Choice and the new consumer: Article 2 in a series of 5

Marketing   |   
Published June 30, 2016   |   

In my last post, we talked about the growing importance of two concepts that are radically changing consumer marketing practices: The Choice Equation and the Influence Mix.

The influence mix

{ D = f(P+M+O)}, captures the forces behind a consumer purchase decision by looking at her prior preferences and experiences (P), information from marketers (M) and inputs from other people (O).

The Choice Equation on the other hand

{Choice = f(Taste, Influence, Context and Behaviour)} puts the Influence Mix to work, by measuring consumers’ personal tastes and preferences, the influence of others, ,the current context and the past behaviour.

Let’s dig a little deeper into these two great concepts.

There are two big challenges in making these a reality.

  • Access to ingredients (data) and
  • Availability of a recipe (algorithm)

Take the first challenge. Access to data.

Surprisingly, finding data doesn’t seem to be the challenge. Today, the amount of data available on each of the above factors is mind-boggling.

For instance:

  • Our tastes are captured quite well in the vast digital footprint each of us leaves behind. We rate and review everything in our lives, from food, hotels and electronics, to movies and books, even taxi drivers! We leave a trail of crumbs from every slice of our behaviour, on sites like Amazon, Trip Advisor, Yelp, etc, not to mention new review sites that keep popping up.
  • Likewise, the influences are measured in the currency of likes and retweets, on social media platforms like Twitter and Facebook. These are increasingly becoming the source of consumer discovery and propagation of consumer sentiment.
  • Context refers to the effect of immediate events on our decisions. This includes location, day of week, time of day, weather, etc. The astonishing growth of sensors and their increasing fidelity means that we can track each of these context variables down, to micro-levels of distance and time.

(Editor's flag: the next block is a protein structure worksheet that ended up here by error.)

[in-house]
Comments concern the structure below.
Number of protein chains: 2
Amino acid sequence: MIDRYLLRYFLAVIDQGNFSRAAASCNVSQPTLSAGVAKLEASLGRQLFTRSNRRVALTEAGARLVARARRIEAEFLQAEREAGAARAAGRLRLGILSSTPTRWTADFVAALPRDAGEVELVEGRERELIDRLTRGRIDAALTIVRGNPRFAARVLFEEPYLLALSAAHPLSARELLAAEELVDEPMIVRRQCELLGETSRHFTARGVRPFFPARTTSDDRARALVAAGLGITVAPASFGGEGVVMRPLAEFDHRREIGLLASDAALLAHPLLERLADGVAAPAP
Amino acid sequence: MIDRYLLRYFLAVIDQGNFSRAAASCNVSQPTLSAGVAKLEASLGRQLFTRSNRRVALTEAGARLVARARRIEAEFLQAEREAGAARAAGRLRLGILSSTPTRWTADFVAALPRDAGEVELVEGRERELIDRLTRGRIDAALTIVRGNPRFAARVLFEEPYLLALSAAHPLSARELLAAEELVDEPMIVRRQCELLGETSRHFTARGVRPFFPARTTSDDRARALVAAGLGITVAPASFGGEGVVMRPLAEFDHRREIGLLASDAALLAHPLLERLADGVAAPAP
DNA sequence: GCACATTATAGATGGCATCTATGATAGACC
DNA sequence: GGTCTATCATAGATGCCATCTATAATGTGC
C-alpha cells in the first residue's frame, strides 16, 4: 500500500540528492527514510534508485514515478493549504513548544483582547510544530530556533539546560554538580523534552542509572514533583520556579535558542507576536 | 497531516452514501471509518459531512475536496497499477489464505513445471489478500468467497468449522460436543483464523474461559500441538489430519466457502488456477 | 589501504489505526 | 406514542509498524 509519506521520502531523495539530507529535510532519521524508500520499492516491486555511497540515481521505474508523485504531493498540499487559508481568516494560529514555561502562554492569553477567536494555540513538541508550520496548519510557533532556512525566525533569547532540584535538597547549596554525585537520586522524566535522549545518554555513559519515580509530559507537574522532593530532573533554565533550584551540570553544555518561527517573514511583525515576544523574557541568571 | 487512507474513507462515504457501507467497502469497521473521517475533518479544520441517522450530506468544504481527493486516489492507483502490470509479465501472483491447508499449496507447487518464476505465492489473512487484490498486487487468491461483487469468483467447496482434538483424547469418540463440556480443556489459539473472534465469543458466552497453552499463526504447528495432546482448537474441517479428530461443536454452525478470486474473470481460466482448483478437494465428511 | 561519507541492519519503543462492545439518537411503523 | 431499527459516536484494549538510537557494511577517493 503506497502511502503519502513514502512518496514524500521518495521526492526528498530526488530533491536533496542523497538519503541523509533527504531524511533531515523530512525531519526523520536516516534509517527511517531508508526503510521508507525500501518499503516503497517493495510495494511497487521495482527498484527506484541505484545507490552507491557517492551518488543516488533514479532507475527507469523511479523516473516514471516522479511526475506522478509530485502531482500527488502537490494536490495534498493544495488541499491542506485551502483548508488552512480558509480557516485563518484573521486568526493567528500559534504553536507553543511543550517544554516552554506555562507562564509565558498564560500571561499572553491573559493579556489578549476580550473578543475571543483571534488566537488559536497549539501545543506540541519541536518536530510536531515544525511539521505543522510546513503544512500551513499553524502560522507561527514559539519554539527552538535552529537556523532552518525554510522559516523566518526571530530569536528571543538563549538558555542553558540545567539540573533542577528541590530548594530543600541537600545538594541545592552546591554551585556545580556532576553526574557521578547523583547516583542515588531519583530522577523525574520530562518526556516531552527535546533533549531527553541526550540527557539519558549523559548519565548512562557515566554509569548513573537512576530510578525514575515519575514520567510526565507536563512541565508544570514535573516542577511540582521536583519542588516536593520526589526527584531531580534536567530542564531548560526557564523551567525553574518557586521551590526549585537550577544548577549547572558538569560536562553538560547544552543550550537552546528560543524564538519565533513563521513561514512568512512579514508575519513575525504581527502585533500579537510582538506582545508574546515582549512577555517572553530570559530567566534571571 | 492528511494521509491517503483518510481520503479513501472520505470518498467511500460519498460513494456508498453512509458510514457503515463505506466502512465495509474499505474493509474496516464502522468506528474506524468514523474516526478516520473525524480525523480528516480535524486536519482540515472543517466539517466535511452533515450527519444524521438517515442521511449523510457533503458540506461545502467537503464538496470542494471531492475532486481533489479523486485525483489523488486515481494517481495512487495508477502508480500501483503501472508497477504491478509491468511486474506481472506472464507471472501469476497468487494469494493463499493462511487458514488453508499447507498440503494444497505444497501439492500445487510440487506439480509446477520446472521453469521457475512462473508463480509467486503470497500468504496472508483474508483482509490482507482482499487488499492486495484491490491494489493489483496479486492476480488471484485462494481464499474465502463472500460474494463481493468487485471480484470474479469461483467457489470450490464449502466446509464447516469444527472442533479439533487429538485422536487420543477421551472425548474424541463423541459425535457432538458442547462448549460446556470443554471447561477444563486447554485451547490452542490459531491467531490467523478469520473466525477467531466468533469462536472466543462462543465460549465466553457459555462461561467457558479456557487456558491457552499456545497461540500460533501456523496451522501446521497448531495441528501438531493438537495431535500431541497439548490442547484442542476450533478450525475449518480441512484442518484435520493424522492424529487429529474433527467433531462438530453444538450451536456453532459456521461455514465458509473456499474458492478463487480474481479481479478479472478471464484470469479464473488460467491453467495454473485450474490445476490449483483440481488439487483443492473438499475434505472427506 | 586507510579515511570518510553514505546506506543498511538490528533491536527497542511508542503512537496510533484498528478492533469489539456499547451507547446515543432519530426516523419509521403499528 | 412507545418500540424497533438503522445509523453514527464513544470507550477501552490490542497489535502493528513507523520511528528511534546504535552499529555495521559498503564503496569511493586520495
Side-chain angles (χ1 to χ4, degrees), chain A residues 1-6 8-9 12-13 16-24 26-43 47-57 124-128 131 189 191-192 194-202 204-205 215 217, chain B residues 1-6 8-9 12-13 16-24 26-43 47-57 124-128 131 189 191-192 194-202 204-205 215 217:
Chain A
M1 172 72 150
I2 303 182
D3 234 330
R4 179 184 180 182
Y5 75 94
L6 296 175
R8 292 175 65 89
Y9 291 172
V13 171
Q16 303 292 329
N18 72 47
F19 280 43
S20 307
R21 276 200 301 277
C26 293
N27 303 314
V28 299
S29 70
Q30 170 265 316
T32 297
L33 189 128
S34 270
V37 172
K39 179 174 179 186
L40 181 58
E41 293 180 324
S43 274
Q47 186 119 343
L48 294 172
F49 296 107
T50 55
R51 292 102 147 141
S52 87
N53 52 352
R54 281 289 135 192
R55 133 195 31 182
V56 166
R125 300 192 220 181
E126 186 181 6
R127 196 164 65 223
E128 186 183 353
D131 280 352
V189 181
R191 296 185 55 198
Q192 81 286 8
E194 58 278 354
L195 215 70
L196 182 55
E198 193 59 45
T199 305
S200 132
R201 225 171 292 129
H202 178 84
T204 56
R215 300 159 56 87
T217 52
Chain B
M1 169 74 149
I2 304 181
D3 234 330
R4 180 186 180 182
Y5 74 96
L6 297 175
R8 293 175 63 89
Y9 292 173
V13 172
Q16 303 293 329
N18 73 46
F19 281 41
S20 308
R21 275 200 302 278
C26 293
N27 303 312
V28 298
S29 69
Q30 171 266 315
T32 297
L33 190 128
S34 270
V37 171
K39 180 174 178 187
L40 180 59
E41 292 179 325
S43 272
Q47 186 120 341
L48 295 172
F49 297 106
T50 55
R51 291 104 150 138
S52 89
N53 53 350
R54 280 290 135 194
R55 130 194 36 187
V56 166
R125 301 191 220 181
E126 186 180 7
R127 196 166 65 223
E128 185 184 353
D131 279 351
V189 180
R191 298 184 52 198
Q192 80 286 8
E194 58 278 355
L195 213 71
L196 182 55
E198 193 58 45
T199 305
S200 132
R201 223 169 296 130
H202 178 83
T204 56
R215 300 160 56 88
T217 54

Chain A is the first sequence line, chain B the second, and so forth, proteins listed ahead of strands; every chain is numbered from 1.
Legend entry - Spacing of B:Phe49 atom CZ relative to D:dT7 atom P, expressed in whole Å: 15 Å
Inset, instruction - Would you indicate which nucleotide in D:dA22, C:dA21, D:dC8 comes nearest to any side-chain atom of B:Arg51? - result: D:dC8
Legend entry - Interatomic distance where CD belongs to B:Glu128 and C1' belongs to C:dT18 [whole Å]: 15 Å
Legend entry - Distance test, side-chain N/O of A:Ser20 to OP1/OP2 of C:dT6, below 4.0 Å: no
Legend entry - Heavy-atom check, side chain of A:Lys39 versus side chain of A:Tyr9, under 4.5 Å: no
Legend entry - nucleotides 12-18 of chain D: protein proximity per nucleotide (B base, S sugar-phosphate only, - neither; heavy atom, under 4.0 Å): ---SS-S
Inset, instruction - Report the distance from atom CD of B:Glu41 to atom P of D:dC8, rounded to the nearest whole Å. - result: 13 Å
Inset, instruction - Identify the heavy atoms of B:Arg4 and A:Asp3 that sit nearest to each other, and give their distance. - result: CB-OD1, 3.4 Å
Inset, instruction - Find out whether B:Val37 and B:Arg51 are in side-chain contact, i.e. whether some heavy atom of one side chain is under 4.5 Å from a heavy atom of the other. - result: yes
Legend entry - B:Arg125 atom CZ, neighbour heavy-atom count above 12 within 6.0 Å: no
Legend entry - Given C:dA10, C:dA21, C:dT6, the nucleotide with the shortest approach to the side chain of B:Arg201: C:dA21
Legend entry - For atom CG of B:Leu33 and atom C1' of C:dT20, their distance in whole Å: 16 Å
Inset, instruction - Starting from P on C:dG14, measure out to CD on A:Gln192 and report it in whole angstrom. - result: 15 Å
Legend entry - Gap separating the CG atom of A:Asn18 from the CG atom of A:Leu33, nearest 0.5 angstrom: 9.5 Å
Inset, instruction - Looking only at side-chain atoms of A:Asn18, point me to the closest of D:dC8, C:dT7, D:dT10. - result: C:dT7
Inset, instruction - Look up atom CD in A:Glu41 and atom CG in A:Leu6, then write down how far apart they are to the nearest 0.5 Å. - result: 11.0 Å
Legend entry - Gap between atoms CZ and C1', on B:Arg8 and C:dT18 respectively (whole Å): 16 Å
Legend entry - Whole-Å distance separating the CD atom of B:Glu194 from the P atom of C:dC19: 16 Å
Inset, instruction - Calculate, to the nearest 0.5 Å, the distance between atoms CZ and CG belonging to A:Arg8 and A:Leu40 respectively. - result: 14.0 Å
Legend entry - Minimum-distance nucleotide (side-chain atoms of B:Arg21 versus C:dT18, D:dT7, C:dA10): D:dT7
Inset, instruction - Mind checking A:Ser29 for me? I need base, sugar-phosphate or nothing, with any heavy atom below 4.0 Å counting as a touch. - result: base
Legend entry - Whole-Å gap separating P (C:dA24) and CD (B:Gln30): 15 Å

• Finally, data on our behaviour, both online and offline, is enormous. It is readily available to both online giants and the vast number of traditional enterprises for whom we are consumers (banks, retailers, hotels, telecom operators, restaurants, health care providers, etc.)

But here’s the catch. Data on each aspect of choice is scattered over the internet. The process of collating all this data, and making sense of it, is entirely up to the consumer.

Example: Research shows that we make an average of 10 searches and read 6-12 reviews before we can choose a hotel.

That we spend an average of 27 minutes to find an offer or deal and spend 3.5 hours a month searching for content (say, movies) to watch.

Each decision, each choice takes an average of 45 minutes. In every category.

For example :

If I want to go to Bali for the weekend, I have thousands of travel sites swamping me with options for flights to take and places to stay, hundreds of events, attractions, restaurants, places to shop at, and thousands of reviews and recommendations on each, many conflicting. Asking friends is fun, but everyone has their own deeply passionate and completely divergent opinions.The process of choosing what to do on a holiday turns into misery.

Consumers also face an exploding paradox of choice

So, it’s not a data problem at all. In fact, quite the opposite. There is too much data everywhere today. And in fact, the abundance of data hinders consumers by providing too many choices.